Conceived as a way to get borrowers back on track, HAMP now seems to merely have allowed banks to delay facing their own problems.

"The number of trial and permanent modifications that have been cancelled substantially exceeds the number of homeowners helped," a General Accountability Office report on the Troubled Asset Relief Program (TARP) stated in July. "One continuing source of frustration is that the Treasury has rejected calls to announce publicly any goals or performance benchmarks for HAMP."

How could a program based on the seemingly commonsense idea that banks should renegotiate terms of underwater mortgages turn into a weapon of mass frustration?

That seemingly illogical situation can be traced to the tortured rationales behind the government's housing-based efforts to stave off further U.S. economic decline.

Job one has been denial: keep delinquent mortgages off lenders' books, prevent additional bank failures, avoid further bailouts, and pump up housing prices to keep builders working and consumers spending.

Hiding the truth about home values is something banks have been happy to play along with. Whereas foreclosures might take a few months in better times, banks and loan servicers are sometimes waiting a year or more to face the reality of mortgages gone bad.

"There's a lot of phantom inventory that could be foreclosed in a twinkling, but they're not," says Mountain View attorney Cathleen Moran, a certified bankruptcy specialist who has helped many clients who have failed to enroll in the HAMP program.

The ratings agency Standard & Poor's reported in June that it would take at least three years for banks to sell the foreclosed houses they've withheld from the market. That doesn't include selling delinquent mortgages on which they've postponed foreclosure.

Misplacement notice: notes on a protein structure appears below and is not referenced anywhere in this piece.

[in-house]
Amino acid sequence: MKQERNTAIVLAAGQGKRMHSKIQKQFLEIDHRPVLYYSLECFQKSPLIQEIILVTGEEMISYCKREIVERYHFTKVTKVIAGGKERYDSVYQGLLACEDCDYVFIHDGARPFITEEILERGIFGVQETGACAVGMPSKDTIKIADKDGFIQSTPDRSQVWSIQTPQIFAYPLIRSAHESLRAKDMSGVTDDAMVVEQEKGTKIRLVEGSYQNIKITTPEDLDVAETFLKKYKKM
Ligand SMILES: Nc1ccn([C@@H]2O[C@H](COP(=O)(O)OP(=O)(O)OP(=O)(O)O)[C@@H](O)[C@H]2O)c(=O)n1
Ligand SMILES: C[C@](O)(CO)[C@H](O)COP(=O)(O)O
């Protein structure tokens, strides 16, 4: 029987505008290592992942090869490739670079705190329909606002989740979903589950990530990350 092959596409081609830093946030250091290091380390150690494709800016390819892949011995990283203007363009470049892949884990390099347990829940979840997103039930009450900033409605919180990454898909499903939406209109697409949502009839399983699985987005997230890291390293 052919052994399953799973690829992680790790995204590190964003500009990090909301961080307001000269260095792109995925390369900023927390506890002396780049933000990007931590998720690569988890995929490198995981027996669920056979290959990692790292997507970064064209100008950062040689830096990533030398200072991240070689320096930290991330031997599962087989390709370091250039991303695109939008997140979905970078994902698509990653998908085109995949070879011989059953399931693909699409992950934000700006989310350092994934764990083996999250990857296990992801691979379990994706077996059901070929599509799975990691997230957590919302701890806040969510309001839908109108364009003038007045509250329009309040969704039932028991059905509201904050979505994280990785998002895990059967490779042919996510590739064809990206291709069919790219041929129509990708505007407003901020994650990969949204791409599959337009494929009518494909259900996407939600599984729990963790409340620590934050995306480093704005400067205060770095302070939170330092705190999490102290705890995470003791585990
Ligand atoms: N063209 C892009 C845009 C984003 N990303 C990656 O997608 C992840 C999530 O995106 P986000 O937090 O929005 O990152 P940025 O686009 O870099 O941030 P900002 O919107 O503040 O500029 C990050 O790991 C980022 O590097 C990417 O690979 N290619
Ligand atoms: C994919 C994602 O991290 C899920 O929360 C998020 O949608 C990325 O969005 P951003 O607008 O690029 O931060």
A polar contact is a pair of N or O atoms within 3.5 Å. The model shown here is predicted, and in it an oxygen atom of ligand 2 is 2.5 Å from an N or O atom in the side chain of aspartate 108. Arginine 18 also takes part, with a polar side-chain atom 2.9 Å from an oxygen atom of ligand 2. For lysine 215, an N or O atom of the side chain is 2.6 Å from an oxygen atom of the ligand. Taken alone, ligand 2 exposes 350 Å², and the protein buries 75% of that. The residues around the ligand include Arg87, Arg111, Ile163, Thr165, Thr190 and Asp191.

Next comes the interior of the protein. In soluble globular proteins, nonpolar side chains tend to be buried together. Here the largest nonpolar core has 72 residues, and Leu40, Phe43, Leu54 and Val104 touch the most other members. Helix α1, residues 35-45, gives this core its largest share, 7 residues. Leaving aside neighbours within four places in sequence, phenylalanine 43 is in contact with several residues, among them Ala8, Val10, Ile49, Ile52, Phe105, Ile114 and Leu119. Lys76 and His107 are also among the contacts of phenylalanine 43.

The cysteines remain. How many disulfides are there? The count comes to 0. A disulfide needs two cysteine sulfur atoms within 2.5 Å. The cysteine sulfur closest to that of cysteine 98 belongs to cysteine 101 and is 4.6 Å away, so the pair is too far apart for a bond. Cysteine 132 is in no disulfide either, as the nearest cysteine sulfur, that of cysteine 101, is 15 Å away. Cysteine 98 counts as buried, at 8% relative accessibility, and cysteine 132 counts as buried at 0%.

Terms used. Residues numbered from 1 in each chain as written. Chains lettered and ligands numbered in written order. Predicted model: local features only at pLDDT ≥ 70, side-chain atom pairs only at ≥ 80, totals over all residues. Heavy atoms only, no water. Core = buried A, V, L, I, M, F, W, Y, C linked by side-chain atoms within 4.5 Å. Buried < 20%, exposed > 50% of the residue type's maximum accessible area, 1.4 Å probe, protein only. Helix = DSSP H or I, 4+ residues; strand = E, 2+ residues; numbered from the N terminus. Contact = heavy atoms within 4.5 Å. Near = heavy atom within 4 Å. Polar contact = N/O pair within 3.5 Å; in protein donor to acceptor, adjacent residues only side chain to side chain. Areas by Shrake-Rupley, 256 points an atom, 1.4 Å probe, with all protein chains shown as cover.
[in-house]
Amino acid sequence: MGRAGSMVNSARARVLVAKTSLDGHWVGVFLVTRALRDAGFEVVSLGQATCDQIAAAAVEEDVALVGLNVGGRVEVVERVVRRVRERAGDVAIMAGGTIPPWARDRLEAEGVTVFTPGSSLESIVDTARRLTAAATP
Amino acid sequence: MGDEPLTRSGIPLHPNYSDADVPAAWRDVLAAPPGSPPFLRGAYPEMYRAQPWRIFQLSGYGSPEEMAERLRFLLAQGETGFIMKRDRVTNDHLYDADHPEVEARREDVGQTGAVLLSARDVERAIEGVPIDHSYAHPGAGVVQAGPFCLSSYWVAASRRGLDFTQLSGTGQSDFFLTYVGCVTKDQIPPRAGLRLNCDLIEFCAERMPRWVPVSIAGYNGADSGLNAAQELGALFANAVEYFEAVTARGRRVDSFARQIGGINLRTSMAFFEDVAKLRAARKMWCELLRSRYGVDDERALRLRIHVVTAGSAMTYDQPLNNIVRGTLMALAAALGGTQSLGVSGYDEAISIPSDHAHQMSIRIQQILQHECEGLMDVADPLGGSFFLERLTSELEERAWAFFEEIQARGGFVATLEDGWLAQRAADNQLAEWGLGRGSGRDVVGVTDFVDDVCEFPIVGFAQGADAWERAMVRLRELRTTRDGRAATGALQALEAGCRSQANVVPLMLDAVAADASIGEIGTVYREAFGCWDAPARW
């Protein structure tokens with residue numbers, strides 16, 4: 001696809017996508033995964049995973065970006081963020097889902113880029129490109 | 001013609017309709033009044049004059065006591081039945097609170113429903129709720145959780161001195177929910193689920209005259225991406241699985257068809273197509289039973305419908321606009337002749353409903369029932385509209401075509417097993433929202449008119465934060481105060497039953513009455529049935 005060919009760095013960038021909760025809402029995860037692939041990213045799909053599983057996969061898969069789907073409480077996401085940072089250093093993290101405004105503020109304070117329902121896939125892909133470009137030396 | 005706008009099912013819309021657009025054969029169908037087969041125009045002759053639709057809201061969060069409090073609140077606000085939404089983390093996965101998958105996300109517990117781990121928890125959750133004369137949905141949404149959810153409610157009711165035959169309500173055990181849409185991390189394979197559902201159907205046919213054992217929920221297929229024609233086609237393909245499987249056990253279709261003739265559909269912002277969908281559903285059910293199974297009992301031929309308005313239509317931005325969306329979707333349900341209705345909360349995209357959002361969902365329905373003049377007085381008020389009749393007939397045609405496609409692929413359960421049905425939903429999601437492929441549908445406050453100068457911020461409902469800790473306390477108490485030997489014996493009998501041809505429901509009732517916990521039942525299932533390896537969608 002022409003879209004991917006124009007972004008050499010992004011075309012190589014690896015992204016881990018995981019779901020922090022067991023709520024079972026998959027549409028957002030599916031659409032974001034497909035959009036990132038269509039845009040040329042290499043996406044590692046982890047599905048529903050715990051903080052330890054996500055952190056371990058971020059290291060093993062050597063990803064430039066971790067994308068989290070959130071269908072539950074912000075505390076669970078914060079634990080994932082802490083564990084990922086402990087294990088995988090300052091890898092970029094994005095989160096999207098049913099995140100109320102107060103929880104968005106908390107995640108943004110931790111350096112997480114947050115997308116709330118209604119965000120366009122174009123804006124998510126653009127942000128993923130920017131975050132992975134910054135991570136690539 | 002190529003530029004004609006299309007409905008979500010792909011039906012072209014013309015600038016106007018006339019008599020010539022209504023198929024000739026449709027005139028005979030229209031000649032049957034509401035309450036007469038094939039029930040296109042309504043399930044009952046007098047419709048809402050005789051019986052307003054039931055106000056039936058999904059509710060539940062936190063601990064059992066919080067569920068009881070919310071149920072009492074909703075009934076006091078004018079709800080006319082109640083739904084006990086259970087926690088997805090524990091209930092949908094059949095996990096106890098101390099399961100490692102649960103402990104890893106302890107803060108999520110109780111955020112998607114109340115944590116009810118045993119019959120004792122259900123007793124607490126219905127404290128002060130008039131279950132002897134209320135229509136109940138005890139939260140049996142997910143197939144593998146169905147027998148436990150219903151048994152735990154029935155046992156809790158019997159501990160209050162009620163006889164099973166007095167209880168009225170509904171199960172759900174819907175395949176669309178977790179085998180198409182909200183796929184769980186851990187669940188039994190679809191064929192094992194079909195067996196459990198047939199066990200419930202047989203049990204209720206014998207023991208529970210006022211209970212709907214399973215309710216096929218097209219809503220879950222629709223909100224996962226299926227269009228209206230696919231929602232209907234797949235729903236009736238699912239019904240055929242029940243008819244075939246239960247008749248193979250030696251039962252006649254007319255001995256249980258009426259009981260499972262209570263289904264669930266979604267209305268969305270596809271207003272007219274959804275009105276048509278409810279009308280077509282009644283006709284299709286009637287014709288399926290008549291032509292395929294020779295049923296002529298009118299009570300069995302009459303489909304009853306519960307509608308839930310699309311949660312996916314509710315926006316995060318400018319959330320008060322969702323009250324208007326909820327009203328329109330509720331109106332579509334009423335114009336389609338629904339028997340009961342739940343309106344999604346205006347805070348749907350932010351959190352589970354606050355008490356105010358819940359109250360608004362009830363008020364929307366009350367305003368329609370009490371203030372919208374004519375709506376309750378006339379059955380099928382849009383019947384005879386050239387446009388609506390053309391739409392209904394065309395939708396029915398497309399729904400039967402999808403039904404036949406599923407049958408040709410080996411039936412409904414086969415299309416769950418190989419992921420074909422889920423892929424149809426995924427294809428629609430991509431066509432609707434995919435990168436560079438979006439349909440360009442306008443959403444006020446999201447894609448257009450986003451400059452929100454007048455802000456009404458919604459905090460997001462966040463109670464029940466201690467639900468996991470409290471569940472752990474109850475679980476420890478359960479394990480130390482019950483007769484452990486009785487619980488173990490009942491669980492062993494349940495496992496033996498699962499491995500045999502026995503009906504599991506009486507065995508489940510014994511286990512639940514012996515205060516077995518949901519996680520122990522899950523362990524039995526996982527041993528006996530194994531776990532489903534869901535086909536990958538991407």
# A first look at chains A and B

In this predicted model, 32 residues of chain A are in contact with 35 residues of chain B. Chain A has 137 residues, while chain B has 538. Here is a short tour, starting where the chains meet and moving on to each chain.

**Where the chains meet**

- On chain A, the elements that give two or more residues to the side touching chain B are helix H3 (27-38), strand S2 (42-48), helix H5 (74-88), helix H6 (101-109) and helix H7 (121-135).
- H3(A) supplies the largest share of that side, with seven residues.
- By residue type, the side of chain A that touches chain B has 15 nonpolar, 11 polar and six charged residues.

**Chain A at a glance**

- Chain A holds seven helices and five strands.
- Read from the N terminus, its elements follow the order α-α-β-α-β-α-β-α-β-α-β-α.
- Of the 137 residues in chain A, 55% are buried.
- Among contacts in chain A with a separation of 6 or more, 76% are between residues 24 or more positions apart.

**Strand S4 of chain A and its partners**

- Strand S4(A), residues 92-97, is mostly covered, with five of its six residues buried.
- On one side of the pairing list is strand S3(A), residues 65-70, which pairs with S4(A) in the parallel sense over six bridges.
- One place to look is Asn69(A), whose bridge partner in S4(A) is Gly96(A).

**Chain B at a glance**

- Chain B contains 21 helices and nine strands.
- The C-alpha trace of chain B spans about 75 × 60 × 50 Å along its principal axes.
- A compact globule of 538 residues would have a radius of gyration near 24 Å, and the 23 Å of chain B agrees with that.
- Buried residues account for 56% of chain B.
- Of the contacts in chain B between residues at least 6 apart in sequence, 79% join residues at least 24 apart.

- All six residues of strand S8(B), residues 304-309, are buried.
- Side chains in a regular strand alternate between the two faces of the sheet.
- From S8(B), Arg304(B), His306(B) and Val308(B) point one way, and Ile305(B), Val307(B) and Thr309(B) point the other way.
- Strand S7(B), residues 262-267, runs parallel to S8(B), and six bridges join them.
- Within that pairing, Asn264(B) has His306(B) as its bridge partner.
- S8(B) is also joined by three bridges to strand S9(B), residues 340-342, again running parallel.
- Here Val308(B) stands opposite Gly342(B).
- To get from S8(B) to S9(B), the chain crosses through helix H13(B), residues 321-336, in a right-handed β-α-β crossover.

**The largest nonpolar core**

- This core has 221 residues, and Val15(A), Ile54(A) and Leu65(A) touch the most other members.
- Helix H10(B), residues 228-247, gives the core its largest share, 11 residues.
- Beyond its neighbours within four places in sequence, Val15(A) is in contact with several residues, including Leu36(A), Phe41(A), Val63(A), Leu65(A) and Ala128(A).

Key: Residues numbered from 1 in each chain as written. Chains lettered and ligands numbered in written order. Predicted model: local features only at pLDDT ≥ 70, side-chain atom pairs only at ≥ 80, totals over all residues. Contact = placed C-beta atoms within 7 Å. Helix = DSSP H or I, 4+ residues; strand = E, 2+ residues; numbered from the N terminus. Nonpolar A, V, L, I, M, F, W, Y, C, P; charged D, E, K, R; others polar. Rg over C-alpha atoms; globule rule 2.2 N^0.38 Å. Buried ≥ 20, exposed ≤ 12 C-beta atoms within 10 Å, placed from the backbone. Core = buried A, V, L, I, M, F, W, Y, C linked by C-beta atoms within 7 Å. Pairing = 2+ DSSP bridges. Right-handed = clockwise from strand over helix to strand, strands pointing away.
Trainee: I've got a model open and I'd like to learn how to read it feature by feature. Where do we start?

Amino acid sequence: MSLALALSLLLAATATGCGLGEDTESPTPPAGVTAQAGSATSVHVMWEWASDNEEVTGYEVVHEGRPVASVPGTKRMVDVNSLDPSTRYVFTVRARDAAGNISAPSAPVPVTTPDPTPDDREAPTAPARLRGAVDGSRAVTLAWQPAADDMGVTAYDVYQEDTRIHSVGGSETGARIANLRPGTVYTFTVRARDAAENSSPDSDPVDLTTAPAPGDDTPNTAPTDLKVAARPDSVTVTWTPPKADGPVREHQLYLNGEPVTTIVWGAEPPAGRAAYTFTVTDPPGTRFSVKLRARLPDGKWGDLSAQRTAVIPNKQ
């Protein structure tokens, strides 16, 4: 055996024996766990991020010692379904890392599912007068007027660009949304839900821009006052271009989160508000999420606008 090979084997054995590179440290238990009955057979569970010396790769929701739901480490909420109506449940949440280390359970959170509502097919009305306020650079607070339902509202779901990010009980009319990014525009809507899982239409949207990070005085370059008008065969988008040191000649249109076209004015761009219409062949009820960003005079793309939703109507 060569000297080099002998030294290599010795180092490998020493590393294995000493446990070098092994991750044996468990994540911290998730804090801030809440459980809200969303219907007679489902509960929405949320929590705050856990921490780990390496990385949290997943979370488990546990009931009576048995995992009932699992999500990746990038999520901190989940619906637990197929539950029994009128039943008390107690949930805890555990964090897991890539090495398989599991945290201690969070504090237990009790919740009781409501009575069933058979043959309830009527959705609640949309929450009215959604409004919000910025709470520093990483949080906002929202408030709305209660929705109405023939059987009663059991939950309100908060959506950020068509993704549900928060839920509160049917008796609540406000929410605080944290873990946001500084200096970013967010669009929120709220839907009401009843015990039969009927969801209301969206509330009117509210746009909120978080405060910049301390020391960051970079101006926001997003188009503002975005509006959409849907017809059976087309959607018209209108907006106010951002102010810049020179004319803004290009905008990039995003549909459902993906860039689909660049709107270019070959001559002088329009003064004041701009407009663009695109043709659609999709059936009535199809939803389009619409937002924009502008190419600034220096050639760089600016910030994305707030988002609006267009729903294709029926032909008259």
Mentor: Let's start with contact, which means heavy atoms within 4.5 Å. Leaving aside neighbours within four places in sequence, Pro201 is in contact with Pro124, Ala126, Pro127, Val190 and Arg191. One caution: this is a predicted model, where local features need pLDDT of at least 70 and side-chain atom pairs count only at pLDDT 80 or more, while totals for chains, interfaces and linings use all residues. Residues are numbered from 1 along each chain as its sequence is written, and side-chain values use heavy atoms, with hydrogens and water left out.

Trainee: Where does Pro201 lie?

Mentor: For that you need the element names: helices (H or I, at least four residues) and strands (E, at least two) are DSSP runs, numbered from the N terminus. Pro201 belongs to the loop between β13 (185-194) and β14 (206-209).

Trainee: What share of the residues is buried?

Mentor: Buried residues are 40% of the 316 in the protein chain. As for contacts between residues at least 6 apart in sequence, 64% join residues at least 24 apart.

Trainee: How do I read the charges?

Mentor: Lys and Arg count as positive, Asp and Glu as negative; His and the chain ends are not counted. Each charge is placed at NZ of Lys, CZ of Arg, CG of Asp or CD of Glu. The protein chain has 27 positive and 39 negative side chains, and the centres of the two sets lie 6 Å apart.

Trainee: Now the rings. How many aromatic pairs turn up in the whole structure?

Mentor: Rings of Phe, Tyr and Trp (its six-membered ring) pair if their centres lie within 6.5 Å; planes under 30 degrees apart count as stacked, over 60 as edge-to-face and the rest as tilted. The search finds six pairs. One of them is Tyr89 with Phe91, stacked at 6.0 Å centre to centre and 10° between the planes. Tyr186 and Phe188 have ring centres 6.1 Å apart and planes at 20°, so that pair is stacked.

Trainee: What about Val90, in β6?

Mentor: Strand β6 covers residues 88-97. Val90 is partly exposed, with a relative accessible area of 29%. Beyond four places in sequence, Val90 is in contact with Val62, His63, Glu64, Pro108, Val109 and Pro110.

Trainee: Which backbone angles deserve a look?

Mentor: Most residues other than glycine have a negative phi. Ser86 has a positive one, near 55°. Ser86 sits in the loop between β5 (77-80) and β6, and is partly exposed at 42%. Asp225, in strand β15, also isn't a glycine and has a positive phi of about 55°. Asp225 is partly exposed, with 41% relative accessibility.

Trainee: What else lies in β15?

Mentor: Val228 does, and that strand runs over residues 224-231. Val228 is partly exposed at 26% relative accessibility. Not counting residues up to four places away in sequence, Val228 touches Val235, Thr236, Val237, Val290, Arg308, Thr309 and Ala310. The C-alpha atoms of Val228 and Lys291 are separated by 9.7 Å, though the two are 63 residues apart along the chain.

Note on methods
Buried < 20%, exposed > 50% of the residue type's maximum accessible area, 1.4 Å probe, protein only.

If lending institutions acknowledged all the bad or near-bad debt on their books, declared asset values would plunge, causing all sorts of problems, adds U.C. Berkeley economist John Quigley, director of the university's Program on Housing and Urban Policy.

Among those problems: Trillions of dollars' worth of U.S. mortgages are owned by government-chartered lenders Fannie Mae and Freddie Mac. Since Sept. 2008, the U.S. Treasury has backed those institutions financially. So true market-level mortgage markdowns might require the equivalent of a stimulus package just to relieve troubled mortgage holders.

HAMP was touted as a cheap alternative. But it was doomed to fail.

In part, that was because the 2000s were an orgy of all kinds of borrowing — not just ill-advised mortgages. Millions of maxed-out homeowners are a bad risk, even if their mortgage payments are cut. Standard & Poor's estimates that as many of 70 percent of HAMP participants could redefault.